Rather, I believe we will see an extension of what we already have: an organically changing version of English that constantly is being infused with words from other cultures that convey more specific meanings and subtle cultural origins. Long before globalization, English was a melting-pot language, incorporating Germanic Anglo-Saxon dialects, French, and Latin, and in more recent centuries adding useful terms from cultures around the world. Perhaps a language that already has such a long history of mutations and assimilations is our best chance at a first universal language. Read a passage in the original Canterbury Tales, let alone Beowulf, and you’ll see what 700 or 1,000 years will do to a language. Whatever language we land on, don’t get too used to it. For language is a living growing thing.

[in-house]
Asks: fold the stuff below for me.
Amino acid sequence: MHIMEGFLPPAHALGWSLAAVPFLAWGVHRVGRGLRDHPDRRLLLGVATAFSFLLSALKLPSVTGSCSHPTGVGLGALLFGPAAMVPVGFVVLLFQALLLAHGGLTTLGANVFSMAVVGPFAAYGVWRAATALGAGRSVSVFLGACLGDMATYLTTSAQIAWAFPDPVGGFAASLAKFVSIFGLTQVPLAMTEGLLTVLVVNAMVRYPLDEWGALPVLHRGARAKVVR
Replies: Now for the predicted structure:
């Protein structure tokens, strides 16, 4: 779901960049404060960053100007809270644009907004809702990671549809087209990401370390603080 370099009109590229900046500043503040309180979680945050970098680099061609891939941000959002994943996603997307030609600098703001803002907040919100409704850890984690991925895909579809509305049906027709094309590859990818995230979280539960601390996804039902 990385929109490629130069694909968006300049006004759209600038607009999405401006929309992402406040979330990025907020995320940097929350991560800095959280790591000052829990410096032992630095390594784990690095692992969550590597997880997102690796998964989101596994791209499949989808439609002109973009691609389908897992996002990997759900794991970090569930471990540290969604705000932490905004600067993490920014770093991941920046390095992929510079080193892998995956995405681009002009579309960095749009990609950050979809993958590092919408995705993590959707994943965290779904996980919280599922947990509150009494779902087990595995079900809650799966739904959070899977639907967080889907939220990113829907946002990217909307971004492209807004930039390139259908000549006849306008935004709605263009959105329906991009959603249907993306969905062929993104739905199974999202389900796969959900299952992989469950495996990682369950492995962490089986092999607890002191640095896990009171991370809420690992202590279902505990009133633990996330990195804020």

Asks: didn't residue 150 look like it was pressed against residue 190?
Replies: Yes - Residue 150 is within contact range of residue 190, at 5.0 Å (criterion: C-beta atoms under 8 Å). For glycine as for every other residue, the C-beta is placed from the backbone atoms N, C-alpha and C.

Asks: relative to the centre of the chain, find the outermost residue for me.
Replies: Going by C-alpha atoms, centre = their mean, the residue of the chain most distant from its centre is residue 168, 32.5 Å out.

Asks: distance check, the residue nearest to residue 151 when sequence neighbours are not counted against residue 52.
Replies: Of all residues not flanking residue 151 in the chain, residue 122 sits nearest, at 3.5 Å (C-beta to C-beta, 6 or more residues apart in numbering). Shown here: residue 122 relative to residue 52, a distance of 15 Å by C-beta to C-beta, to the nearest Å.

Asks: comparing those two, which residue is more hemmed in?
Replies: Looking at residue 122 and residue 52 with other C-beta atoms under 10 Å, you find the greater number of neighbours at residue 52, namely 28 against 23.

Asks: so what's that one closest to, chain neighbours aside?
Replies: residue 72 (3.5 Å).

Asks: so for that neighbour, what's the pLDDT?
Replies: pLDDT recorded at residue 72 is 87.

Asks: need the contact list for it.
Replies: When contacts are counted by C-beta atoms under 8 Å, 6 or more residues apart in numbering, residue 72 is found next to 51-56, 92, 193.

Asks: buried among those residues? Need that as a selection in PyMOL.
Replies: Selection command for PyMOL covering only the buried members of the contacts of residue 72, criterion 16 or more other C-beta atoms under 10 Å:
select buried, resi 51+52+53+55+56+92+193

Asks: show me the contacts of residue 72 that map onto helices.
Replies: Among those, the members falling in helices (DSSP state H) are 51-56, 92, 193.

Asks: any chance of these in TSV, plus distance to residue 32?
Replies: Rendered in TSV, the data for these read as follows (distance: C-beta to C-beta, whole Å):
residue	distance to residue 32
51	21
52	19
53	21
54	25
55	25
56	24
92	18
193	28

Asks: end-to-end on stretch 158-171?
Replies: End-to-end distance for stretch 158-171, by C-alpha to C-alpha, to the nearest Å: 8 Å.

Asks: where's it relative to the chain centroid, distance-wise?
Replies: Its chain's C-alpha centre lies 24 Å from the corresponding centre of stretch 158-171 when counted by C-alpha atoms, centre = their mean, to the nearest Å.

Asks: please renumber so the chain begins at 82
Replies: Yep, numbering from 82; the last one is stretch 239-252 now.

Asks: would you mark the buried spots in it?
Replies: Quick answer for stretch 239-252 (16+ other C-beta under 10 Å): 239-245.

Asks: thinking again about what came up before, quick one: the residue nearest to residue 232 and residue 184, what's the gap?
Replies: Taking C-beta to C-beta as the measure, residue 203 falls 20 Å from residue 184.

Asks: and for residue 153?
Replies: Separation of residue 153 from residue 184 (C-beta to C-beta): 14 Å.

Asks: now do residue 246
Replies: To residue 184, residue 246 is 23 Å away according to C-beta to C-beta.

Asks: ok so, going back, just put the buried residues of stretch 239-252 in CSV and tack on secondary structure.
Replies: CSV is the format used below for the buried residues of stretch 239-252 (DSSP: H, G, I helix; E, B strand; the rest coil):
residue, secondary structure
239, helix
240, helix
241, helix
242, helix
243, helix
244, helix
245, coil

What is important is that when we share one language, be it Esperanto, English, or one yet to be named or even formulated, the skids of diplomacy will be greased, travel and international exchanges will feel effortless compared to even today, misunderstandings will be reduced dramatically, and one will be able to travel the world and feel at home in any country. Perhaps Baha’u’llah’s most famous utterance is “The earth is but one country and mankind its citizens.” Being able to communicate quickly and easily is basic to that citizenship.
Like everything else Bahá’u’lláh ordained, this is going to happen. The only question is, how much can we accelerate the unity of the world by actively pursuing it?
The in-laws are on their way.